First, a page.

IN RE: A.R.B., A Youth in Need of Care.
No. DA 13–0318.
-- October 22, 2013
For Appellant: Kathryn McEnery; Attorney at Law; Kalispell, Montana.For Appellee: Timothy C. Fox, Montana Attorney General; Micheal S. Wellenstein, Assistant Attorney General; Helena, Montana, Eileen Joyce, Silver Bow County Attorney; Butte, Montana.
¶ 1 The biological mother of A.R.B. appeals the order of the Montana Second Judicial District Court, Silver Bow County, terminating her parental rights.
¶ 2 We address the following issues on appeal:
¶ 3 1. Whether the District Court erred by not staying proceedings on the ground that Montana no longer held exclusive and continuing jurisdiction over the child custody determination under § 40–7–202, MCA.
¶ 4 2. Whether the District Court erred by not staying proceedings on the ground that Montana was an inconvenient forum under § 40–7–108, MCA.
¶ 5 We affirm.
PROCEDURAL AND FACTUAL BACKGROUND
¶ 6 M.B. (Mother) gave birth to A.R.B. in June 2012, at St. James Hospital in Butte, Montana. During and after the birth, the hospital staff noticed Mother exhibiting numerous erratic behaviors. Mother would become paranoid and unaware of her surroundings, she swatted the nurses and threatened to spit on them, and she attempted to jump off the bed to get to A.R.B. as the nurses were cleaning up A.R.B. The hospital contacted the Montana Department of Public Health and Human Services (Department) concerned about Mother's apparent mental health issues and inability to care for the child.
¶ 7 The Utah Department of Family Services (Utah DFS) also contacted the Department. Utah DFS previously had removed Mother's other child from her care due to neglect. Mother's parental rights to the other child were terminated by a Utah court in December 2011. Utah DFS expressed concerned that Mother was coming to Butte to have her baby in order to avoid that agency's jurisdiction.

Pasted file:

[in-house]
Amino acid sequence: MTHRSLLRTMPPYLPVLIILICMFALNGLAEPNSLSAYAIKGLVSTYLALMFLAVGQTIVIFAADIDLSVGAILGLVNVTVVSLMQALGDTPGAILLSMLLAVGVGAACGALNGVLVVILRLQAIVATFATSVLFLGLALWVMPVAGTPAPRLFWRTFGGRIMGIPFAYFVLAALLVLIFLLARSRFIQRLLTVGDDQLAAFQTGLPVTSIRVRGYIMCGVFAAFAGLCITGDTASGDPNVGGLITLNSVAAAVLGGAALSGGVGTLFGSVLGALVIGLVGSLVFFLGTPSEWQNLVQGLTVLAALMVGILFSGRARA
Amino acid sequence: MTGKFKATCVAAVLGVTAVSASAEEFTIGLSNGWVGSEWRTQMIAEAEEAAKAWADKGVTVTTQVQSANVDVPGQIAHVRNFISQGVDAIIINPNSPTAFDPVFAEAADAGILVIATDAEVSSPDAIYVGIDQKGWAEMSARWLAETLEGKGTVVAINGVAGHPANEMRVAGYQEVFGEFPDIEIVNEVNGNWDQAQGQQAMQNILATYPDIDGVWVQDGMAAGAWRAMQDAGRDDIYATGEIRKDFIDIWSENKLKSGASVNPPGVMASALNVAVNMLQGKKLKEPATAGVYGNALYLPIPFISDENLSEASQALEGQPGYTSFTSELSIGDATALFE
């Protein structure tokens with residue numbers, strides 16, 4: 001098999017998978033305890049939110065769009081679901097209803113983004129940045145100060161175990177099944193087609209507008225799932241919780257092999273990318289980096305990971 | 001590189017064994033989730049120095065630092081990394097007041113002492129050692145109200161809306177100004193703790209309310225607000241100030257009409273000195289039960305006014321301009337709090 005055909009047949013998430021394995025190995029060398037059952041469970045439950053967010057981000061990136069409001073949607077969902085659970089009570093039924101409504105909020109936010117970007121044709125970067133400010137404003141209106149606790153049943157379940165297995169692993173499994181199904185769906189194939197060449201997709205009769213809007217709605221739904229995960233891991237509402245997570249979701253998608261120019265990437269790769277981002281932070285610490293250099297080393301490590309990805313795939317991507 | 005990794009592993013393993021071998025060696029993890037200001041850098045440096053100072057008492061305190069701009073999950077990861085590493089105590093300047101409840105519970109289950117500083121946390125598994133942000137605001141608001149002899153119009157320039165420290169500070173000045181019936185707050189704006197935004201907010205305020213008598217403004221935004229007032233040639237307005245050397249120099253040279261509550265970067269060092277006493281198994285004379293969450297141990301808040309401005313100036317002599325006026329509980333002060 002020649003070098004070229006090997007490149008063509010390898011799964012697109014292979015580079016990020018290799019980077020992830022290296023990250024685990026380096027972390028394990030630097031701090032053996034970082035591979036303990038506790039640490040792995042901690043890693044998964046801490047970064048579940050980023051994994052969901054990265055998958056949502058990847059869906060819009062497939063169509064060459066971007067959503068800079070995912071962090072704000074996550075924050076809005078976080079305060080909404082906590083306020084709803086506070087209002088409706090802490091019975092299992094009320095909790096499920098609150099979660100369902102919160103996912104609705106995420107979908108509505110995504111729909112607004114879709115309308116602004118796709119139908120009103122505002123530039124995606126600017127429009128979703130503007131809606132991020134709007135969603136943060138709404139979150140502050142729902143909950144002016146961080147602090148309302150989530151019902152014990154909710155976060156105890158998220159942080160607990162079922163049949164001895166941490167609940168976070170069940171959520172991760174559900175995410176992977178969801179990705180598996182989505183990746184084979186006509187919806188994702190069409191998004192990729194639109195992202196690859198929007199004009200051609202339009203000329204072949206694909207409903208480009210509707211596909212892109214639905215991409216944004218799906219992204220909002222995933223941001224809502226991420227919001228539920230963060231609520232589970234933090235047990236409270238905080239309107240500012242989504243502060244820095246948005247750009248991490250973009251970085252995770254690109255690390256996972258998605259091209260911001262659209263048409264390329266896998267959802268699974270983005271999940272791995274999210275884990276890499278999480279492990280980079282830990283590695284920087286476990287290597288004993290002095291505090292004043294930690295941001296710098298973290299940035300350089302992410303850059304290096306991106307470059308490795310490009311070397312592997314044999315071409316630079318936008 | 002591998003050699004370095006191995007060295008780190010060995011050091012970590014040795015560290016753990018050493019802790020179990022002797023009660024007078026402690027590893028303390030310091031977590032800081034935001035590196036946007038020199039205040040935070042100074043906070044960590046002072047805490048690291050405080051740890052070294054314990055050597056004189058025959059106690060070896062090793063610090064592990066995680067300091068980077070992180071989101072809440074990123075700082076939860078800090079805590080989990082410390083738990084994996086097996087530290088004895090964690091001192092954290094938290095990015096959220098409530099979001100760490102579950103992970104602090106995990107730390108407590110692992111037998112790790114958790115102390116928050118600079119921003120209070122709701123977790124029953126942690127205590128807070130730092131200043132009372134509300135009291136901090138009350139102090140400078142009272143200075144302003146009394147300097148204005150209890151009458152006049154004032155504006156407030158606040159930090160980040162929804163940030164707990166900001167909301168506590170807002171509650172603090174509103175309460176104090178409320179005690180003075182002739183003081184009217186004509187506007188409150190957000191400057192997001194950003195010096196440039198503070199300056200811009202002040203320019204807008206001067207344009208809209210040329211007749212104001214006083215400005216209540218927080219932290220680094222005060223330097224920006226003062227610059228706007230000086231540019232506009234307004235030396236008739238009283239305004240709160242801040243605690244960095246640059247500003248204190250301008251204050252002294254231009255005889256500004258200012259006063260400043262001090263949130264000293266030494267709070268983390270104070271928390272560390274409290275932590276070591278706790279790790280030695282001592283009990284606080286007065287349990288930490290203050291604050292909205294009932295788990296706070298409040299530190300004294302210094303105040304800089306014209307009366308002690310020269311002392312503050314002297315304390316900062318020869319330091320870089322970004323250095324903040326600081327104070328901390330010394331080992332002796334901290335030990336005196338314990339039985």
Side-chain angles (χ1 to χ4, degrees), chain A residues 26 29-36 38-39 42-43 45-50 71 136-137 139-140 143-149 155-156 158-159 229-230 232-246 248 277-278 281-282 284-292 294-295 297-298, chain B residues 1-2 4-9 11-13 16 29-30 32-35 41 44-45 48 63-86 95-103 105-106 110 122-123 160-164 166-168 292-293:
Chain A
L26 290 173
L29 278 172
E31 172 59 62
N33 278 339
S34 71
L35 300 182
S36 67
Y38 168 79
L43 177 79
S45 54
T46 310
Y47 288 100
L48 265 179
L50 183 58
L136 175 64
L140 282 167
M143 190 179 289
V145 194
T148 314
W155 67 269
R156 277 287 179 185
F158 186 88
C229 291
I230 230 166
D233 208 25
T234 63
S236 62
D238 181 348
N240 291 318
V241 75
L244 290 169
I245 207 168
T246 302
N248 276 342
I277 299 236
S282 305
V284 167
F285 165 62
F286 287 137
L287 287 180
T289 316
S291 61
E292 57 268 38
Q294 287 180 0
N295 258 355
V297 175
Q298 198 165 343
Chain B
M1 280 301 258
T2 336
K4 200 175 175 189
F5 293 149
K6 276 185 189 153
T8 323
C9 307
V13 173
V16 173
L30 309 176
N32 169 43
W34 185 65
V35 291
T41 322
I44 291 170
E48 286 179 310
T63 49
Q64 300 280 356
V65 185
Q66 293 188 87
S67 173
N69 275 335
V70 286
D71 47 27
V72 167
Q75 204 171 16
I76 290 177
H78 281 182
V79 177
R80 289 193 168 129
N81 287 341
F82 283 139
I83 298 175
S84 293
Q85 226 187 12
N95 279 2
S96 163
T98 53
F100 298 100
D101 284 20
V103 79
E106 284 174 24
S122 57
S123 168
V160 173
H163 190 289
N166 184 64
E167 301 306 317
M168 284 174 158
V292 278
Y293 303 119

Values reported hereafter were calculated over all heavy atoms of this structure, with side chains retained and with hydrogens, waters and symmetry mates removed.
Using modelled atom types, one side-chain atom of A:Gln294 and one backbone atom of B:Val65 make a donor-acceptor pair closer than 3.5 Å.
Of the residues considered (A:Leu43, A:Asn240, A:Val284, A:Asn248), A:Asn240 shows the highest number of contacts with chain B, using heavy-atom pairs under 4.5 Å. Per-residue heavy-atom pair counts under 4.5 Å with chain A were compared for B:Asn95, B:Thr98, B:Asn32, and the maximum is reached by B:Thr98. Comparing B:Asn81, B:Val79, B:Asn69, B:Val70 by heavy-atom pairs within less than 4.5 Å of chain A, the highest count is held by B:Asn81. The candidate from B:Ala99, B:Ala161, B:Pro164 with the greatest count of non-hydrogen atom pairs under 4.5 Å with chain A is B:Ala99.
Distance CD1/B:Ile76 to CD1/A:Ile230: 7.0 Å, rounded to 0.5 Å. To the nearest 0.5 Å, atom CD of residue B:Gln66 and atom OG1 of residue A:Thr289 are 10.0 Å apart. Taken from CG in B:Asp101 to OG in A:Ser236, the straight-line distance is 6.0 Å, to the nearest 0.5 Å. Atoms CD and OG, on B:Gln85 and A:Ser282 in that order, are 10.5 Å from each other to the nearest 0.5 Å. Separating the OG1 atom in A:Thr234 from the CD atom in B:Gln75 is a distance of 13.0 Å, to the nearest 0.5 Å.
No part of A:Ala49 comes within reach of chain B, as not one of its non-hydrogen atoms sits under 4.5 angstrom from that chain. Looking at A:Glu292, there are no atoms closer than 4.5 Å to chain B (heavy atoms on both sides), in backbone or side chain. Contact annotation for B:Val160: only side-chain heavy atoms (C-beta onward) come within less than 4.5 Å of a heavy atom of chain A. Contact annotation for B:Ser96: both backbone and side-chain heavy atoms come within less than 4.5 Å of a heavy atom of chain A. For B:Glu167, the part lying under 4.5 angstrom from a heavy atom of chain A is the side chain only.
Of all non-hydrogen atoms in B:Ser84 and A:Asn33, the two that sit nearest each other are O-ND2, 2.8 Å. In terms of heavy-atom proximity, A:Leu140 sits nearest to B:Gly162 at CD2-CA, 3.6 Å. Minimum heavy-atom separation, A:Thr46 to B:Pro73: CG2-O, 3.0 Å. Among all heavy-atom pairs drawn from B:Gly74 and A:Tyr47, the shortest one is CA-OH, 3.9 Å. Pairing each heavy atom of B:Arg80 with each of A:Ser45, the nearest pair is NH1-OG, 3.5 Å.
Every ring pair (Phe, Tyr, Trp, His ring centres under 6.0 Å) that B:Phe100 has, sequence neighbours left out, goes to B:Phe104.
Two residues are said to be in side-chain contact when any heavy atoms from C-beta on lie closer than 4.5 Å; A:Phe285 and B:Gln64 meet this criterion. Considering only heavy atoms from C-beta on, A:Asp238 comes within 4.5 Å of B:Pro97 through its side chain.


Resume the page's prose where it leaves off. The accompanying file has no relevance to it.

¶ 8 The Department sent Child Protection Specialist Arletha Swan to the hospital to interview Mother. Swan assessed her as distracted and unable to focus. Mother refused to give any information regarding herself or her history. The Department removed A.R.B. from Mother at the hospital.
¶ 9 The Department filed a Petition for emergency protective services, adjudication as youth in need of care, and temporary legal custody of A.R.B. on June 21, 2012, supported by an affidavit from Swan detailing the behaviors Mother exhibited and Swan's assessment of her. The District Court granted temporary emergency protective services and scheduled a show cause hearing on the Department's petition for temporary legal custody for July 11, 2012. Mother failed to appear for the show cause hearing but was represented by counsel. After listening to Swan's testimony, the District Court adjudicated A.R.B. a youth in need of care and granted the Department temporary legal custody of A.R.B.
¶ 10 The Department placed A.R.B. in a temporary foster home in Butte for approximately three months. In September 2012, pursuant to the Interstate Compact on the Placement of Children (ICPC), the Department placed A.R.B. in foster care with the Utah family who had adopted Mother's other child.